I simply waited for the red elevator to position itself in a point that would counter-balance the sky and clicked. Which gave me the unprocessed frame below.
I wanted two things from the post-processing:
Part one was achieved using the “Manual” lens corrections in LightRoom (Capture One allows the same manipulations), using the vertical slider to increase the apparent angle.
This gave me this frame, which I then cropped:
I then played with the global contrast (slightly higher) and shadow (decreased) and highlights (increased) sliders.
Then, it was a matter of seasoning to taste. Clarity was increased in LightRoom and structure in Nik Software (Capture One would have allowed both enhancements). The final touch was a slight boost in saturation. Contrast management had already made the colours stronger and I only wanted the red elevator to stand out more.
I like the final result because the post-processing gave it a painterly effect that will print beautifully and the slightly muted brown balances well with the grey-blue sky. This makes the bright red cabin pop out more strongly and become a smal, off-center focus point that balances will with the strong vertical pillar structure. So the image feels both peaceful (controlled highlights and shadows, well defined frame, rounded structures) and dynamic. The old lady (the tower) doesn’t take center stage. It has become the stage and frame for the surgical field (grey-brown protective drapes) and maintenance operation.
Had been created during a once-in-a-lifetime visit to Paris, this photograph is one I would feel is really mine to keep. Instead of being the same as the neighbor’s, diminished by the repair work, it is one I’d be please to put on a wall and look at for a long time.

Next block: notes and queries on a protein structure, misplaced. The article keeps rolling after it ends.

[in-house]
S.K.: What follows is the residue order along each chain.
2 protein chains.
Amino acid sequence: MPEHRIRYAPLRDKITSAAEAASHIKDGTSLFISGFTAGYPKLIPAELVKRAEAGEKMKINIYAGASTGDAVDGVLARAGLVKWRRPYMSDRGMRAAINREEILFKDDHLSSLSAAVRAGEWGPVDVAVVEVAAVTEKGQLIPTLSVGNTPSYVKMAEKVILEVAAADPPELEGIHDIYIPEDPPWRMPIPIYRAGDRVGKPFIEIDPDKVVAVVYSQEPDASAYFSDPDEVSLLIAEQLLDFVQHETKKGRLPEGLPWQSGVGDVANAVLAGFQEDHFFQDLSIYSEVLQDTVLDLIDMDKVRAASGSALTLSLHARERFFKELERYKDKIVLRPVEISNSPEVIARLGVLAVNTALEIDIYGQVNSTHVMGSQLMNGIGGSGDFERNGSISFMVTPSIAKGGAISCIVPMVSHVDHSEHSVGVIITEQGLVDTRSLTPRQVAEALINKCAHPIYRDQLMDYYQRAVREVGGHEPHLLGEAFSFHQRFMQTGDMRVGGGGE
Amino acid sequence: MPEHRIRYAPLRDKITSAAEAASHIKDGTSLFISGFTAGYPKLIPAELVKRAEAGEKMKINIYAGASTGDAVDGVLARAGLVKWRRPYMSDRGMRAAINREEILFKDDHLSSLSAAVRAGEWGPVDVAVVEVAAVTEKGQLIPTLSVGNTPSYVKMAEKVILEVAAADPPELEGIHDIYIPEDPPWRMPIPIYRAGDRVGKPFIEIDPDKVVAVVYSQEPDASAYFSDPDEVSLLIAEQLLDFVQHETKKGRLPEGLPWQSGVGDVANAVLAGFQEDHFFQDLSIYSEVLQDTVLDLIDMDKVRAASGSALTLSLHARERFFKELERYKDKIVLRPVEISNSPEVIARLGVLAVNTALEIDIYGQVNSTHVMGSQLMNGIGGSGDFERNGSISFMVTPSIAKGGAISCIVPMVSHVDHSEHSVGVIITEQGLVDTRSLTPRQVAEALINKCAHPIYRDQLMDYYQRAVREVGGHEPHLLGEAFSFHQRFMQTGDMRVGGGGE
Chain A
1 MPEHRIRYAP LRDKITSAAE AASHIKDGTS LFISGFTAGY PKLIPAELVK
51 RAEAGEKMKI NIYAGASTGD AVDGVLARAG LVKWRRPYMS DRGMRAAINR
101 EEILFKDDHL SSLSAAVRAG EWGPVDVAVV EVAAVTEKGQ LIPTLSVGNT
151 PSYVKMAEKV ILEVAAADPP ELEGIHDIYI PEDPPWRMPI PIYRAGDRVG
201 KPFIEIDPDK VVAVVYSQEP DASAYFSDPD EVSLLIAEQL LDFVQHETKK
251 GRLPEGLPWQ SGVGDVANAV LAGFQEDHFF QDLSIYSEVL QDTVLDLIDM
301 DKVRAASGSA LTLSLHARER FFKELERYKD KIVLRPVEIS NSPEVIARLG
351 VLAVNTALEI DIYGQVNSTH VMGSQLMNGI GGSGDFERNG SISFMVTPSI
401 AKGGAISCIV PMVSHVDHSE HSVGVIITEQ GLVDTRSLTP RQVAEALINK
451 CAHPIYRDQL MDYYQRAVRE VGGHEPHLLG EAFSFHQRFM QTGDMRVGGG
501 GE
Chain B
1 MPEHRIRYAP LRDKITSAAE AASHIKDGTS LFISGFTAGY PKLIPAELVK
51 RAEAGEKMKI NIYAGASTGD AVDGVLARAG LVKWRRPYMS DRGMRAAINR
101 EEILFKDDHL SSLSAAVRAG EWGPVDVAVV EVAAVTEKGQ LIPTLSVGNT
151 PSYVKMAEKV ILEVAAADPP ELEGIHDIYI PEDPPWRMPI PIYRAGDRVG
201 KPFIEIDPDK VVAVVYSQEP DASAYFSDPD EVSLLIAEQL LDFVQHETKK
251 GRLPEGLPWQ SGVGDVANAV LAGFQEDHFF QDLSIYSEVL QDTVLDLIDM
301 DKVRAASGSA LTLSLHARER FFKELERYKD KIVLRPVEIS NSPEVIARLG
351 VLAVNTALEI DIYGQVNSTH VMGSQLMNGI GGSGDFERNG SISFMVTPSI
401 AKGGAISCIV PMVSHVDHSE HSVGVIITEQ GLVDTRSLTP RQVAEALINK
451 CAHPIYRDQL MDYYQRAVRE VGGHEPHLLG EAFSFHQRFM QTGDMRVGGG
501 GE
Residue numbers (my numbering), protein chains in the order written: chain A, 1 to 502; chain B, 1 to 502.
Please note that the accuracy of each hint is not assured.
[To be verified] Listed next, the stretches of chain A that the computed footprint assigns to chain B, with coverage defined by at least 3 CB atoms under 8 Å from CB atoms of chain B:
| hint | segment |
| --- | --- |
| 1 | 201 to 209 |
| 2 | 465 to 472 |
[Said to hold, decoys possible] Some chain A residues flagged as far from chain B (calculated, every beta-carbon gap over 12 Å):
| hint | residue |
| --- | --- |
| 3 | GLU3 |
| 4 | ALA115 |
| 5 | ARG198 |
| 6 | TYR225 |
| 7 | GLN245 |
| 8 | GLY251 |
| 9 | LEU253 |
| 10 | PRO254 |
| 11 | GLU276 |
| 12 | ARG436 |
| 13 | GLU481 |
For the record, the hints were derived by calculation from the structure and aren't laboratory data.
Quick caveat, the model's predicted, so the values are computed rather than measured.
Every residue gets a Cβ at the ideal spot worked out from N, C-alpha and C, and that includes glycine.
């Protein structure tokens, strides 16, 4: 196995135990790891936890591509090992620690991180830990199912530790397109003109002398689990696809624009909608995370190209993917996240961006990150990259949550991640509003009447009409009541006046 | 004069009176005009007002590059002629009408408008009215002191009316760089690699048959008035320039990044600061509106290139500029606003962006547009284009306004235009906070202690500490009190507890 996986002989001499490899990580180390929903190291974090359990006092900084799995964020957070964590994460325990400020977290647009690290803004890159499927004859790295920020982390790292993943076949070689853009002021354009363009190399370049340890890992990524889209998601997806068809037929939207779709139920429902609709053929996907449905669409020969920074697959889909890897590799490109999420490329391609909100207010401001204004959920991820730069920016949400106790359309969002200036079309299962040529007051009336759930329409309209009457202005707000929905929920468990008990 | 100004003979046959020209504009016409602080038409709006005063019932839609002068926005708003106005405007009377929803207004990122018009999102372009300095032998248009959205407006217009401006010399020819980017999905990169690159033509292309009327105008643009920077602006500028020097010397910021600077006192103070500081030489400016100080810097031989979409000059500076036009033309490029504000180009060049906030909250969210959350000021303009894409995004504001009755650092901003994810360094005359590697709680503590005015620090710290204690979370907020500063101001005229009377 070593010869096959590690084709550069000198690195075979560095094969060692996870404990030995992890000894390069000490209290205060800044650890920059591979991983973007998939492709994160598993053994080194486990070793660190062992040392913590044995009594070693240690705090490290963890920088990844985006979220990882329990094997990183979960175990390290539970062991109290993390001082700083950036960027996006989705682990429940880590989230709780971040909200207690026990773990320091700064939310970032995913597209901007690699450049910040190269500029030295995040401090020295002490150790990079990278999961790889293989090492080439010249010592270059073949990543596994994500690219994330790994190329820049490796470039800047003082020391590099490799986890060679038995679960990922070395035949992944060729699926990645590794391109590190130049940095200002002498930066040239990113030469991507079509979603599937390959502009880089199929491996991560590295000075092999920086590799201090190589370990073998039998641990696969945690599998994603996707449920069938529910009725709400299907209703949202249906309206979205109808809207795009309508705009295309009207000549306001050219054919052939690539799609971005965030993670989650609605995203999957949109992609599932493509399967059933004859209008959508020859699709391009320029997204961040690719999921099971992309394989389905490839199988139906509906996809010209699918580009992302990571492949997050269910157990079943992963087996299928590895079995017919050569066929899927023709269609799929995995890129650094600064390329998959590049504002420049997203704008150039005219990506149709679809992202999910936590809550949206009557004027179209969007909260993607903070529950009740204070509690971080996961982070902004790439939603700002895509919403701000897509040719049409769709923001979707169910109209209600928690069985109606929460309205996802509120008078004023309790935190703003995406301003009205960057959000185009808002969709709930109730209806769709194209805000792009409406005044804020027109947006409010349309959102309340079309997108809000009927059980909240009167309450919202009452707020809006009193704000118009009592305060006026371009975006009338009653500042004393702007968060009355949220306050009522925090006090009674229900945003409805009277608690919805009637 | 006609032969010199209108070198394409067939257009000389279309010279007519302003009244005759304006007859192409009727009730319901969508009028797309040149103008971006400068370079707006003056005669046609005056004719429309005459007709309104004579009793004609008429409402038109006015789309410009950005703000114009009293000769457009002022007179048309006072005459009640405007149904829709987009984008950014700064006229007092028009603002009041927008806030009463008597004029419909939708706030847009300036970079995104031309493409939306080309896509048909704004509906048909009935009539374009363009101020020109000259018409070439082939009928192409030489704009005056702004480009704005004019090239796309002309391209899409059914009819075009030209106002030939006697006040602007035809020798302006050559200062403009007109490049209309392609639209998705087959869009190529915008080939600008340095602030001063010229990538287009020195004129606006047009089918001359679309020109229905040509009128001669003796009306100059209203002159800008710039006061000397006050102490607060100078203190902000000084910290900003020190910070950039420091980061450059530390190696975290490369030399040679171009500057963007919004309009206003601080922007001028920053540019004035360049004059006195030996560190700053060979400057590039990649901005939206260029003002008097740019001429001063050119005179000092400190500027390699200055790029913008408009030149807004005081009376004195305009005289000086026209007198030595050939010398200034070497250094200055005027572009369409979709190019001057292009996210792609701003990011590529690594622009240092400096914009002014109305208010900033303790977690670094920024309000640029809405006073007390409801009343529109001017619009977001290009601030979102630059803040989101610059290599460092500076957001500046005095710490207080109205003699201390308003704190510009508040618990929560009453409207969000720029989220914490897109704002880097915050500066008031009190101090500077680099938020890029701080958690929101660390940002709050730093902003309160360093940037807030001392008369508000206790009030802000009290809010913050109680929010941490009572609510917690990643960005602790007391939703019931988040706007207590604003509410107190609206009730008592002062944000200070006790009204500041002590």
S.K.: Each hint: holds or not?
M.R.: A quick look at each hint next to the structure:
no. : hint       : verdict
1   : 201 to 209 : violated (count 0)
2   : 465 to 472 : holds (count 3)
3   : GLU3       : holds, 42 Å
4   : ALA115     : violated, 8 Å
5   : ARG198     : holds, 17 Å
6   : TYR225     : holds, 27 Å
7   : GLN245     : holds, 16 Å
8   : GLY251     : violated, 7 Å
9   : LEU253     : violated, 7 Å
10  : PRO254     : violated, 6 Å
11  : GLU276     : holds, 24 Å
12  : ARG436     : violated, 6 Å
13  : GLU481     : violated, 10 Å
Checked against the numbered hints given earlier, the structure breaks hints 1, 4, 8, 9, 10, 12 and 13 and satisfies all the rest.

What do you think?
Here is a second shot from the same session, processed in a similar manner.
If you have made personal interpretations of famous icons, I’d love to hear from you and publish your results.
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It’s very nice.
Though personally I think the contrast boost is over-done, it makes it seem more chaotic and slightly harsh. (At least in this size, it might be different in a large print.)
Thanks Eolake. You’re right, I didn’t go for subtle. There’s a lot of added clarity and structure. It’s lovely in a small print, but I haven’t printed it large.
For me the picture looks way to far like an CG.
That HDR look makes pictures very flat. In my opinion good photography is all about light and shadow.
But I also sometimes over process pictures, just for fun 🙂
Thanks Adam. I think the overcooked verdict is a widely shared point of view 😉
It’s actually very nice in print, because the brightness range is very manageable and the tone compression gives it a slightly abstract look. But, that’s not my usual PP routine and I can understand it not being to everybody’s taste 😉